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Tianna Madison's bid to defend world long jump title falls short


No one can foresee the strange curves and sudden turns life can take. Tianna Madison has learned this the hard way.
When Madison, an Elyria native, turned professional two years ago, the sky was the limit. She had burst onto the global track and field scene by winning her first world championship in the long jump as an amateur in 2005, then turned pro shortly thereafter.
But 24 months later, Madison has dealt with a series of frustrations. On Tuesday, she finished a disappointing 10th as the defending champion at the IAAF World Track and Field Championships in Osaka, Japan.
Olympic champion Tatiana Lebedeva won the event with a jump of 23 feet, ¾ inches, leading a Russian sweep of the medals.
For Madison, it signaled a time for reflection.
“It’s been a two-year buildup of stuff that’s gone wrong,” Madison, who earned the final spot in the finals with a leap of 21-71.2, was quoted as saying. “It’s just one of those track and field lessons that you have to learn, but I hate to have to learn it at the world championships. I just need to go back to the drawing board and figure out why it works instead of having to learn how to do it.”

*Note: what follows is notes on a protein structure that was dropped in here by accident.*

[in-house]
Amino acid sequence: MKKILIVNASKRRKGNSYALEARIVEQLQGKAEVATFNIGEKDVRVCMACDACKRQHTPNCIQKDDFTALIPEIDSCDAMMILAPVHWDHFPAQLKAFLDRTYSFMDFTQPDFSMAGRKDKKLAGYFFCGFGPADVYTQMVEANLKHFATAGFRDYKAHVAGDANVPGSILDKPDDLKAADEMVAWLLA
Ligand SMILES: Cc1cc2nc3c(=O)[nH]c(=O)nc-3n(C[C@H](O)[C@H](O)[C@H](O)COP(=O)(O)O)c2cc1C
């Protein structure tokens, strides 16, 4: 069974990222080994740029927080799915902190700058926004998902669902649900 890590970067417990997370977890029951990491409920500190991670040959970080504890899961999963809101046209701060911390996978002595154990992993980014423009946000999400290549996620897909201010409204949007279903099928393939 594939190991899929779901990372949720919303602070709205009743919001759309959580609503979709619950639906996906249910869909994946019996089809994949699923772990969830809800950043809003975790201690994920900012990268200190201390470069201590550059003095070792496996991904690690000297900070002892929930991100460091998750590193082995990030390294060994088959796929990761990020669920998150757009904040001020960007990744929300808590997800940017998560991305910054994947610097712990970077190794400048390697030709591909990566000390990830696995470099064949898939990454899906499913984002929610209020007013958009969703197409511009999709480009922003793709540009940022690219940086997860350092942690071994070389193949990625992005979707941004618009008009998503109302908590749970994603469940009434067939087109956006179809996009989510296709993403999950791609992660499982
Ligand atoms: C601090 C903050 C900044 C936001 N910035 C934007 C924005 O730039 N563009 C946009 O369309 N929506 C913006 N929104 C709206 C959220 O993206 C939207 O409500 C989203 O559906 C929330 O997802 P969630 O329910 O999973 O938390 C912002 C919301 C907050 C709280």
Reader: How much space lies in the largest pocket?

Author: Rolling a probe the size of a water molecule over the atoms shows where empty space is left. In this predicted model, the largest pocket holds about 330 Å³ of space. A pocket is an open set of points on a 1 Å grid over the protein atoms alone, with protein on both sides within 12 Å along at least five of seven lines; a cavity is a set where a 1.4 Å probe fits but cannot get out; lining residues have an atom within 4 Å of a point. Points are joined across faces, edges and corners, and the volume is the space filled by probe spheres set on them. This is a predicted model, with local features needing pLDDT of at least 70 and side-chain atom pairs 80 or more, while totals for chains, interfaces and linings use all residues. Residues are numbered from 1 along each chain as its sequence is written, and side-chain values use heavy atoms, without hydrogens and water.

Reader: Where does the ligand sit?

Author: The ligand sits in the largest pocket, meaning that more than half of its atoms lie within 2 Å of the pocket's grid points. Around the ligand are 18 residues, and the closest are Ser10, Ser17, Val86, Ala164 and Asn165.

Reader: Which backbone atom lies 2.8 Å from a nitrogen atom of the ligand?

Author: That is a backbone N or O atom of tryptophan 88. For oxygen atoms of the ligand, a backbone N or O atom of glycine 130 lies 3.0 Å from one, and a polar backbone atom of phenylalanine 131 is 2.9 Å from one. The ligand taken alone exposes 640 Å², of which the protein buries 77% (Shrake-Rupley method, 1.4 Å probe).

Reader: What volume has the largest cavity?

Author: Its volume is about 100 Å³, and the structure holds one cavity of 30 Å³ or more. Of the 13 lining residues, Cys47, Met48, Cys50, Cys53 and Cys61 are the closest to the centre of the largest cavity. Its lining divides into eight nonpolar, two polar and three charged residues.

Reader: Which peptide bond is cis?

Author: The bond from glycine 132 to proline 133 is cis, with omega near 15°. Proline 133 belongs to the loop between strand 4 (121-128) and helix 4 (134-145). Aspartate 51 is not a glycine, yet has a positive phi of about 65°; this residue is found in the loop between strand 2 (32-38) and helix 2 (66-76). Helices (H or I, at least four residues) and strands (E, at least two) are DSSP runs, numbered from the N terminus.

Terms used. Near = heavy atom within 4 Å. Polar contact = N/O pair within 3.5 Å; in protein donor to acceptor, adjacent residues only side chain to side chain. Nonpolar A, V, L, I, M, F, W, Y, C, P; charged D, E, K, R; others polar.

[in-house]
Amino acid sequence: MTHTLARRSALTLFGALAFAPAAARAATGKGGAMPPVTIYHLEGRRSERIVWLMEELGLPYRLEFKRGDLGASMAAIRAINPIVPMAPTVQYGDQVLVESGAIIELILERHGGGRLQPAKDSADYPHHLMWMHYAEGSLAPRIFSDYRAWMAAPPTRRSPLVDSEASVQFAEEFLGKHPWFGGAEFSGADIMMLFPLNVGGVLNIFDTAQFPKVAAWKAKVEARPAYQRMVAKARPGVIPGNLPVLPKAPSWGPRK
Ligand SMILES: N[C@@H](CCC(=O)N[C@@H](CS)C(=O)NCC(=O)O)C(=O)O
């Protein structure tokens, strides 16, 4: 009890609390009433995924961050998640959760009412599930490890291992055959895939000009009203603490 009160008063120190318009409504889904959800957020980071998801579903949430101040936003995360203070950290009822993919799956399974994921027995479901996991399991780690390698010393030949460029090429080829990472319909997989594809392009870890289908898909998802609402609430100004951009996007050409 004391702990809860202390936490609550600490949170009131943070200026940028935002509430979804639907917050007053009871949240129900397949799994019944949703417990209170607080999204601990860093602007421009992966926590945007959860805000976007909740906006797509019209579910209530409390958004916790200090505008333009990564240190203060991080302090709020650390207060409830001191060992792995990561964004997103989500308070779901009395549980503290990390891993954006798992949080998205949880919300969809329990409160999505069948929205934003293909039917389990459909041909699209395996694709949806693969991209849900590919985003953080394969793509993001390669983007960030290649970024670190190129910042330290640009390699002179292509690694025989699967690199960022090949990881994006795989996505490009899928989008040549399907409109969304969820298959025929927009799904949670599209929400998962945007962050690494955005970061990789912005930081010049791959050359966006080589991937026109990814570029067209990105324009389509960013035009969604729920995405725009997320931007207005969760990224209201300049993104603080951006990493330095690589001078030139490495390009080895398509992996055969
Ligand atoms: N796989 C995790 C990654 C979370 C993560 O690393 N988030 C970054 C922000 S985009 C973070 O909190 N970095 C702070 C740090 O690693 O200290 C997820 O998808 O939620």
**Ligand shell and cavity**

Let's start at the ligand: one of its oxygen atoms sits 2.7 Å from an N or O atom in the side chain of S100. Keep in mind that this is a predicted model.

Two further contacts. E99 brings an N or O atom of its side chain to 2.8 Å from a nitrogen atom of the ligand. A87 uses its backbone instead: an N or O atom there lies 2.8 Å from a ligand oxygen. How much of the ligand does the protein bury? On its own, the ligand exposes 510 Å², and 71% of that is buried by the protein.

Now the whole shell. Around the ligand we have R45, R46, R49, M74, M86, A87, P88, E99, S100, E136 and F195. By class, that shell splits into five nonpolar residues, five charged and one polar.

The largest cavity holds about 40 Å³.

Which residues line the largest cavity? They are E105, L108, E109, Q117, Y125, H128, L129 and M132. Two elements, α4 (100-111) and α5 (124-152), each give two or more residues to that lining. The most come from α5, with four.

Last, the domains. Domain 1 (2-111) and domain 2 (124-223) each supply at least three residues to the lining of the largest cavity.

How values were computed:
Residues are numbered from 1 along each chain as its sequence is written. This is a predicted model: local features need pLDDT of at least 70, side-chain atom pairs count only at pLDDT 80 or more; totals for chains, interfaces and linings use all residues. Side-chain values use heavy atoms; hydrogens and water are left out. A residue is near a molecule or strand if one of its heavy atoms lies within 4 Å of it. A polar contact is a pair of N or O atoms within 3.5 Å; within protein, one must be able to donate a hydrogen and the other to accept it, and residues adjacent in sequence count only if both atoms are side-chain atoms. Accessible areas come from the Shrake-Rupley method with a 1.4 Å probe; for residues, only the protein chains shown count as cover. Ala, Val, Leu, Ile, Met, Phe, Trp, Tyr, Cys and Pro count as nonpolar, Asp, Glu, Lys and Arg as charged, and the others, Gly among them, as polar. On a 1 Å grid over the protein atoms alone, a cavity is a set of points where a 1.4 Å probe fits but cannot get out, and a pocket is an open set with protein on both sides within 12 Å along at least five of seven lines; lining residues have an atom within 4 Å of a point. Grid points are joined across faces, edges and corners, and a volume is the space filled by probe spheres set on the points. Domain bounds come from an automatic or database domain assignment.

The world championships are only the fourth meet Madison has competed in this year. She was fifth at the USA Outdoor Meet, first at the Modesto Relays and seventh at a meet in Madrid, Spain.
Madison has been training with Bobby Kersee and his wife, Jackie Joyner-Kersee, the famed three-time Olympic gold medalist.
Madison won nine state championships at Elyria High, including seven in individual events, and became only the third athlete in Ohio history to win four events at a state championship meet two years in a row, in 2002 and 2003.
Contact Pete Alpern at 329-7137 or at

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